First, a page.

In the sequential approach we need to simulate the individual choices in each step. We will rst use the prior distribution π(β) as the heterogeneity distribution from which to generate the βn that are considered to be
the true utility coecients of the respondents in the study. The individual-level W T Pnvalues calculated from
these true utility coecients are considered as the true WTP coecients of these respondents. To evaluate the estimated heterogeneity distributions of WTP obtained with the dierent designs we need to know the true heterogeneity distribution of WTP. This distribution was obtained by simulating a huge number of utility coecients from the prior distribution and calculating the corresponding WTP-values. To assess the eect of a misspecied prior distribution, we also simulate individual choices using βndrawn from dierent heterogeneity
distributions than the prior distribution used for constructing the design.
After generating the data using the dierent designs, we estimate for each of them the panel mixed logit model by the Hierarchical Bayes approach. We then estimate the individual-level WTPn vectors for each design and
compare them to the true values to assess their accuracy.
3.2 Simulation results
3.2.1 Estimation accuracy of the utility coecients
Yu et al. (2010) show that the sequential approach improves the estimation accuracy of the utility parameters compared to an orthogonal design and a semi-Bayesian D-optimal design. As expected, we obtained similar results about the precision of the utility parameters. We summarize our results by the root mean squared error values for the individual utility coecients βn, for the population mean µβ and for the population covariance
matrix Σβ obtained with dierent designs. For example, the RMSE for the population mean of the utility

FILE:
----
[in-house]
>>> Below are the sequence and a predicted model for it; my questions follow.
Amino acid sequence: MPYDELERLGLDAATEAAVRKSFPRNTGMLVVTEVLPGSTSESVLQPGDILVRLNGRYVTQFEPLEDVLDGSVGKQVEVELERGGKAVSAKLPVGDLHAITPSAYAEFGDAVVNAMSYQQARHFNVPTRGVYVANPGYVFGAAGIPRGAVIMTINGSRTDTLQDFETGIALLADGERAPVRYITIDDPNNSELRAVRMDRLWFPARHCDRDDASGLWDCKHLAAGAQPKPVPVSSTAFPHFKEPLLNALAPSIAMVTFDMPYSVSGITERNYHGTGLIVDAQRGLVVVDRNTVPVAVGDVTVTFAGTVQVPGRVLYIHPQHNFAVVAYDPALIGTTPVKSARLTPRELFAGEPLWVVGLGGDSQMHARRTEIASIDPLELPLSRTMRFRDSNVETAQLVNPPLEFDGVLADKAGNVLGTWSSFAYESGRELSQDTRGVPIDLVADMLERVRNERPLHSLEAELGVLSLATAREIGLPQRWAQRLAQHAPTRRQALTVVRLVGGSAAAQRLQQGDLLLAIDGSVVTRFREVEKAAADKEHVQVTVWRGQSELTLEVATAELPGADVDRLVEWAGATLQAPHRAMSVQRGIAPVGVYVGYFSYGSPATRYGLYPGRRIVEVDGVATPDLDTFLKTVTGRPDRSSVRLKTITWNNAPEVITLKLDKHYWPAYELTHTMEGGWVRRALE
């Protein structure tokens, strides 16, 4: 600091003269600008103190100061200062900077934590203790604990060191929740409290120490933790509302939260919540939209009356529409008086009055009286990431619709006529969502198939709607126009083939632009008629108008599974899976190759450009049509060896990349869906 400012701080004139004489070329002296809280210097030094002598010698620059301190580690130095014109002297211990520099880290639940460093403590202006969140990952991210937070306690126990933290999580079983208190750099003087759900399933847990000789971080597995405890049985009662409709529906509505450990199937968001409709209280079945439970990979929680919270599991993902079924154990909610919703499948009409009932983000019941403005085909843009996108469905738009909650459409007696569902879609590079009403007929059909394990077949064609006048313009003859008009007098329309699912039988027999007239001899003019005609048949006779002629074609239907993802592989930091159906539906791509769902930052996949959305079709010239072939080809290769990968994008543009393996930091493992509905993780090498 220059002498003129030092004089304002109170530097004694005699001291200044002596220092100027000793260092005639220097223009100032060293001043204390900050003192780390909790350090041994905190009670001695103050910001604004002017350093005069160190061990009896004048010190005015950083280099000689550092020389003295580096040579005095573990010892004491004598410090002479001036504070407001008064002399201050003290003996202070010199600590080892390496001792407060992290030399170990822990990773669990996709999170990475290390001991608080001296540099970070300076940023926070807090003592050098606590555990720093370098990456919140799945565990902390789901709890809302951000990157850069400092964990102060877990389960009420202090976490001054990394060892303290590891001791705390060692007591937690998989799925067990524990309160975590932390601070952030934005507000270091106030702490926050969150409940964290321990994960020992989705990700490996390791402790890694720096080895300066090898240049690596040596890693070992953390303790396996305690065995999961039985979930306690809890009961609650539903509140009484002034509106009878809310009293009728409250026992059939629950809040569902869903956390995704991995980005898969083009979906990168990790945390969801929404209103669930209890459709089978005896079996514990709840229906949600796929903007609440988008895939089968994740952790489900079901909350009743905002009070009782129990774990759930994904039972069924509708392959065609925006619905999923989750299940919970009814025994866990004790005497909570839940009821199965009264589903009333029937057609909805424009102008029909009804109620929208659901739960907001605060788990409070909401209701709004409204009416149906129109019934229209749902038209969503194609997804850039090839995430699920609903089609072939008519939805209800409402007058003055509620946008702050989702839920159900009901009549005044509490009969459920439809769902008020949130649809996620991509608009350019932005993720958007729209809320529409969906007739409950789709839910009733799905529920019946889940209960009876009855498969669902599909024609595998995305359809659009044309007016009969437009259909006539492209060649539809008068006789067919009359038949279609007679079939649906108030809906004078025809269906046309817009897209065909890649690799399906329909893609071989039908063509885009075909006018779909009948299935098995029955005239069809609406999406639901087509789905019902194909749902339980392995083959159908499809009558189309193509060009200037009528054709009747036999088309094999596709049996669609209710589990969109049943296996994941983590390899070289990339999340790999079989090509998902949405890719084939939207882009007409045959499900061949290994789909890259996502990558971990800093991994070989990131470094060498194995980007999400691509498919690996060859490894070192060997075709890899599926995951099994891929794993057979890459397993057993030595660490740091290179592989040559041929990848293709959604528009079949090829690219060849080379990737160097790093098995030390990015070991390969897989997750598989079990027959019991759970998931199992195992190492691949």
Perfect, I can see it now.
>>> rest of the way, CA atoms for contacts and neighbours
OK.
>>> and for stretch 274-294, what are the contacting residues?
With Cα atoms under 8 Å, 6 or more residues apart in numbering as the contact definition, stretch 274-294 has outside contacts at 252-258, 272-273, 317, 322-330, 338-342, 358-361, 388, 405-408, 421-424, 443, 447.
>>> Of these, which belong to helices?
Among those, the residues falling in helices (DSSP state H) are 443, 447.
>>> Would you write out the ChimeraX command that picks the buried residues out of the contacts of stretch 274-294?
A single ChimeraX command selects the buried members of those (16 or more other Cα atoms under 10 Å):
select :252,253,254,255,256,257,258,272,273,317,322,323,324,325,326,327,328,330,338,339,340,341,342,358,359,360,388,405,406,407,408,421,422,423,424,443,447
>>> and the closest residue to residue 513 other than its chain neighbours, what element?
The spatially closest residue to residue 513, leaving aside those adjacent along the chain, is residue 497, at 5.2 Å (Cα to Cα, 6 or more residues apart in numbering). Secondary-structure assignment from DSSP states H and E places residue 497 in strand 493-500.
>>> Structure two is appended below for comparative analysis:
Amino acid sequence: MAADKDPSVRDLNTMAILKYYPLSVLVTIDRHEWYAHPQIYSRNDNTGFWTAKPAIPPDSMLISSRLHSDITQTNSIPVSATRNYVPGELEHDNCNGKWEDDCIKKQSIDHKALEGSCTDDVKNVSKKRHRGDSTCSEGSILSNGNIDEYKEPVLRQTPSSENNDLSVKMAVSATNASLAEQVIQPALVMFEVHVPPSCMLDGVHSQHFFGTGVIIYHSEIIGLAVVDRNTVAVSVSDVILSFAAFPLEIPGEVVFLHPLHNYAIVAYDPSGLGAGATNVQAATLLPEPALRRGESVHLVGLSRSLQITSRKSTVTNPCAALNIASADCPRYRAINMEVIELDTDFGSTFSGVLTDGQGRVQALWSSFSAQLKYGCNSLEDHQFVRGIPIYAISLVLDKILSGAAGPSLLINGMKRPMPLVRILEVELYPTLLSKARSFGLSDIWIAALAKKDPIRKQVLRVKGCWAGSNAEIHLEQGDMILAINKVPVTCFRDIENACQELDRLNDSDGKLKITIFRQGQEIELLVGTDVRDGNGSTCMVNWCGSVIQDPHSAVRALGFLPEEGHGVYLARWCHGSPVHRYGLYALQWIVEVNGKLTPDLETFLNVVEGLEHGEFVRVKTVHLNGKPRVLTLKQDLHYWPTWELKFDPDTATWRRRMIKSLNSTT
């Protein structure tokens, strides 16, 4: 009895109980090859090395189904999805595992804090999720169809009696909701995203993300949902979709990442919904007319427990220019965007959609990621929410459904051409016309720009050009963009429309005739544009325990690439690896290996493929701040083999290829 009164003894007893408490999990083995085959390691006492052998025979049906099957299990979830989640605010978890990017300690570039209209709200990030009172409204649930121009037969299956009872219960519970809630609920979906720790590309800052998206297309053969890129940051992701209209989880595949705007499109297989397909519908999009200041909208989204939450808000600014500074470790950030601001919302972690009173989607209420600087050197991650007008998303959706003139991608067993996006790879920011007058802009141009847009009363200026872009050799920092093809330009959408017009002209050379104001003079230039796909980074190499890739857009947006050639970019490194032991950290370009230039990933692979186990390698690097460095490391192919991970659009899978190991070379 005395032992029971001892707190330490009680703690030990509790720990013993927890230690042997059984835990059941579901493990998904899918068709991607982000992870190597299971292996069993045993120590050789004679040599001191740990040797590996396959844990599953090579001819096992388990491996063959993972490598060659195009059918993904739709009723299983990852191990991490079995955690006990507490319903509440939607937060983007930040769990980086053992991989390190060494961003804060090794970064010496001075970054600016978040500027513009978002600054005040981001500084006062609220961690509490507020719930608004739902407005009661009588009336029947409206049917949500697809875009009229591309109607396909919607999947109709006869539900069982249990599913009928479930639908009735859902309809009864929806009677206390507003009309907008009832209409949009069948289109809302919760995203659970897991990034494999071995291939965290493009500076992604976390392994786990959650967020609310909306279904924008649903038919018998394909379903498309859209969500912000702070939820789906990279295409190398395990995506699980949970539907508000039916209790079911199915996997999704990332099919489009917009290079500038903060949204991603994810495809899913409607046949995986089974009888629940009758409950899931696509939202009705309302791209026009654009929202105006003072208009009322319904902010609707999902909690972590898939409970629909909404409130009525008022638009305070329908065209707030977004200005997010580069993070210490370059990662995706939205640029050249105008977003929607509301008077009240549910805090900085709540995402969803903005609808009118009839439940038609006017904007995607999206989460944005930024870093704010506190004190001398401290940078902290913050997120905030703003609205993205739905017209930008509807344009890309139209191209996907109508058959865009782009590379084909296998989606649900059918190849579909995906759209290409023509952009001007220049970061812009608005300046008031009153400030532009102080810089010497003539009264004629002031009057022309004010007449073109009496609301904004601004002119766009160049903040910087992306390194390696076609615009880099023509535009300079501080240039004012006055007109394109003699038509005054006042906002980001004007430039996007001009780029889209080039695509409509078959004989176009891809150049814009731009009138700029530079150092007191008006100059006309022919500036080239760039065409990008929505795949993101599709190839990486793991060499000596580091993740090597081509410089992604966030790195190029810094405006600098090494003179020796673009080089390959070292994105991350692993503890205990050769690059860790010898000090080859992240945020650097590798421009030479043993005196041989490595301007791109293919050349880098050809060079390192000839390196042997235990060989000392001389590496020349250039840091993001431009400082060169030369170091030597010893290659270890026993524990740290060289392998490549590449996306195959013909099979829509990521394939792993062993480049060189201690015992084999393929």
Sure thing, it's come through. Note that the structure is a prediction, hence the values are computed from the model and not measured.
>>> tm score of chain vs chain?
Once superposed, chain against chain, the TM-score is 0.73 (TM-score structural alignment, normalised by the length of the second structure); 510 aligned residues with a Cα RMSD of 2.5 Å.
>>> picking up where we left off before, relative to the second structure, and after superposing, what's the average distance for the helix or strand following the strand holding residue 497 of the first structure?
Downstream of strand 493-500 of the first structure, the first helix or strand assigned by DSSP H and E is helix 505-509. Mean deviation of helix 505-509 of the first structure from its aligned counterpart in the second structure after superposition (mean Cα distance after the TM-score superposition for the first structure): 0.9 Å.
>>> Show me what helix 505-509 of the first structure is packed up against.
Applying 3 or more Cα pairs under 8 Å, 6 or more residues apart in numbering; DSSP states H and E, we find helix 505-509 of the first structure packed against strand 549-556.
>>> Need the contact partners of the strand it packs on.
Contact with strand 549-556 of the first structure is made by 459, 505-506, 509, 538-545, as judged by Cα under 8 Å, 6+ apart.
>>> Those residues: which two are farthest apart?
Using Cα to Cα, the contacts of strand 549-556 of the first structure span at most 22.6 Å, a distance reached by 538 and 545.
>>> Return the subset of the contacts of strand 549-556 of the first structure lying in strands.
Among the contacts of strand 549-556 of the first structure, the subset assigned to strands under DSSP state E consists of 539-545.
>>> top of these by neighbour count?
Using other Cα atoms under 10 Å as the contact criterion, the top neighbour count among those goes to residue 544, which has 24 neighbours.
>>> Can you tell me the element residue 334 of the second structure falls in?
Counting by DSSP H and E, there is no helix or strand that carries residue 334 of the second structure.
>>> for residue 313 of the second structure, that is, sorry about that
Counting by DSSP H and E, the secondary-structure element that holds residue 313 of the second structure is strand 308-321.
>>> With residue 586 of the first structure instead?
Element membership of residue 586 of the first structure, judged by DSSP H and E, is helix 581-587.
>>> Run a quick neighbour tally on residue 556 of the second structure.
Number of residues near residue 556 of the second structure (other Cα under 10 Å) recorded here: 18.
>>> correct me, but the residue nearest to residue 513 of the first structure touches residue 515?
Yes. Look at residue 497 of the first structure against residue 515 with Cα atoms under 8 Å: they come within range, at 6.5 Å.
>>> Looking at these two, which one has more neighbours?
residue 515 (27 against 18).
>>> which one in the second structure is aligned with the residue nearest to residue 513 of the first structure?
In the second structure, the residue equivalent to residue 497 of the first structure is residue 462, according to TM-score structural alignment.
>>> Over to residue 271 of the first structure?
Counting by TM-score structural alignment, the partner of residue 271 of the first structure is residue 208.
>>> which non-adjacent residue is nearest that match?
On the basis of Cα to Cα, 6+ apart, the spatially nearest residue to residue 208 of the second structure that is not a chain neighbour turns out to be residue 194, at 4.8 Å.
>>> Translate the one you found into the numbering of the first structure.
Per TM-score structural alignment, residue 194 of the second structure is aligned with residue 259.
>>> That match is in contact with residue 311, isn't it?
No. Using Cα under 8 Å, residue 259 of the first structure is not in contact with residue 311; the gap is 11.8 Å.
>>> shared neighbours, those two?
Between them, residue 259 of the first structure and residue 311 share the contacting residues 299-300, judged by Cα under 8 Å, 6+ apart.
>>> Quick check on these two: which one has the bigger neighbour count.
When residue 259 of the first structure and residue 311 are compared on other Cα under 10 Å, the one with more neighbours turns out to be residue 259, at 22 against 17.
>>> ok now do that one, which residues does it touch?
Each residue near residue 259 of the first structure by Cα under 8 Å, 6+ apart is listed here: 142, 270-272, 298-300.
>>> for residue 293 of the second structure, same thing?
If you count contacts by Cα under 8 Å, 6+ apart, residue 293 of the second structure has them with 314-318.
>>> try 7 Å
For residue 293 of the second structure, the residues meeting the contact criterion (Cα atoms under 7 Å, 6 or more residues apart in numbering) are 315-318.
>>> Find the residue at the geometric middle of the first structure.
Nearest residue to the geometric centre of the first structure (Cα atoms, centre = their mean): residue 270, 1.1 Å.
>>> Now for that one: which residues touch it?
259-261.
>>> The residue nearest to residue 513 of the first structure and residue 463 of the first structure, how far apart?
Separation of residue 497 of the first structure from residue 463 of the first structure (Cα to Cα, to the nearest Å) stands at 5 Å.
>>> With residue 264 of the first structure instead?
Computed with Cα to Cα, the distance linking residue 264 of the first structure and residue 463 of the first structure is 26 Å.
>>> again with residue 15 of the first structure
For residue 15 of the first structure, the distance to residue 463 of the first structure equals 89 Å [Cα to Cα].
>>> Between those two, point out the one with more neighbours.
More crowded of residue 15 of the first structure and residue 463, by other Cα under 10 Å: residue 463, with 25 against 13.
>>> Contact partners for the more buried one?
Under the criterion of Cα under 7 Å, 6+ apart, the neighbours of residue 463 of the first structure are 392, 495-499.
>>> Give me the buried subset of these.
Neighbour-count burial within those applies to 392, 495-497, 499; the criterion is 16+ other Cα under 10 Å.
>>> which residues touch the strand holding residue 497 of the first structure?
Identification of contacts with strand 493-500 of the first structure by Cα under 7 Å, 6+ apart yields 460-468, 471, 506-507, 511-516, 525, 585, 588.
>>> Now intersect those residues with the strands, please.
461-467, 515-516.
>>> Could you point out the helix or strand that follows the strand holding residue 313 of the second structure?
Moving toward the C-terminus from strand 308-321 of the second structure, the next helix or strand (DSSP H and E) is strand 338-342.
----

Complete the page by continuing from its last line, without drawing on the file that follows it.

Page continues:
coecient µβ can be dened as:
RM SE(µβ) = [(µbβ− µβ)
(µbβ− µβ)]1/2 (9)
where µbβ is the mean of the posterior distribution of µβ obtained by the HB process explained in section 2.1 and µβ is the true population mean. A similar denition can be obtained for Σβ when we put all the unique
elements in a vector. For βn we use the average of the RMSE-values of all respondents.
Table 1 presents the results. From the results in Table 1 we can see that with respect to the estimation accuracy Table 1: RMSE values for the utility coecients obtained under dierent design approaches
Sequential Near-Orthogonal SB D-optimal βn 1.0218 1.2503 1.2238
µβ 0.0736 0.0894 0.0949 Σβ 0.5374 0.7380 0.6534
of βn, the sequential design is 17% better than the semi-Bayesian D-optimal design and 18% better than the
orthogonal design. Similarly, the sequential design performs much better than the benchmark designs with respect to the estimation accuracy of µβ and Σβ.
3.2.2 Distribution of the estimated Individual-level WTP
We assumed that the utility coecients come from a multivariate normal distribution. From Daly et al. (2009) we know that the implied distribution of WTP does not have nite moments in this case. Therefore, there is no point in reporting the population mean and the population covariance matrix of the willingness-to-pay values. To assess the performance of the dierent design approaches for estimating the distribution of WTP, we compute the percentiles of the estimated and the true individual-level WTP distributions and we look at the estimation errors of the individual-level estimates. We report only the results of the rst WTP parameter as the results are similar for the other parameters.
Table 2 shows the percentiles of the heterogeneity WTP distributions obtained with the dierent designs. It is Table 2: Percentiles of individual-level WTP distributions obtained with dierent designs
Percentile 5% 10% 25% 50% 75% 90% 95% True -8.326 -3.792 -0.952 0.582 2.001 5.003 9.590 Sequential -7.209 -3.636 -0.670 0.555 2.028 4.568 8.112 Near-Orthogonal -6.118 -2.736 -1.029 0.487 1.770 3.924 12.355
SB D-optimal -15.537 -5.723 -1.439 0.393 2.469 6.006 11.146
clear from this table that the sequential design can estimate the true distribution of the individual-level WTP more precisely than all the benchmark designs.
To assess the accuracy, we also compute the estimation error of the W T Pn parameters for each respondent,
which is the dierence between the true individual-level WTP coecient and its estimate. In Figure 2, the y-axis represents the individuals' estimation error of the rst WTP parameter and the x-axis represents the individuals. From Figure 2, we can see that the Orthogonal design and the semi-Bayesian design lead to some extremely inaccurate estimates. The sequential design on the contrary avoids extremely inaccurate estimates. This is because the sequential design is tailored to each individual's preference structure and it allows us to catch more individual information. Therefore, the important merit of the sequential approach advocated here is that we can reduce the extremely inaccurate estimates considerably.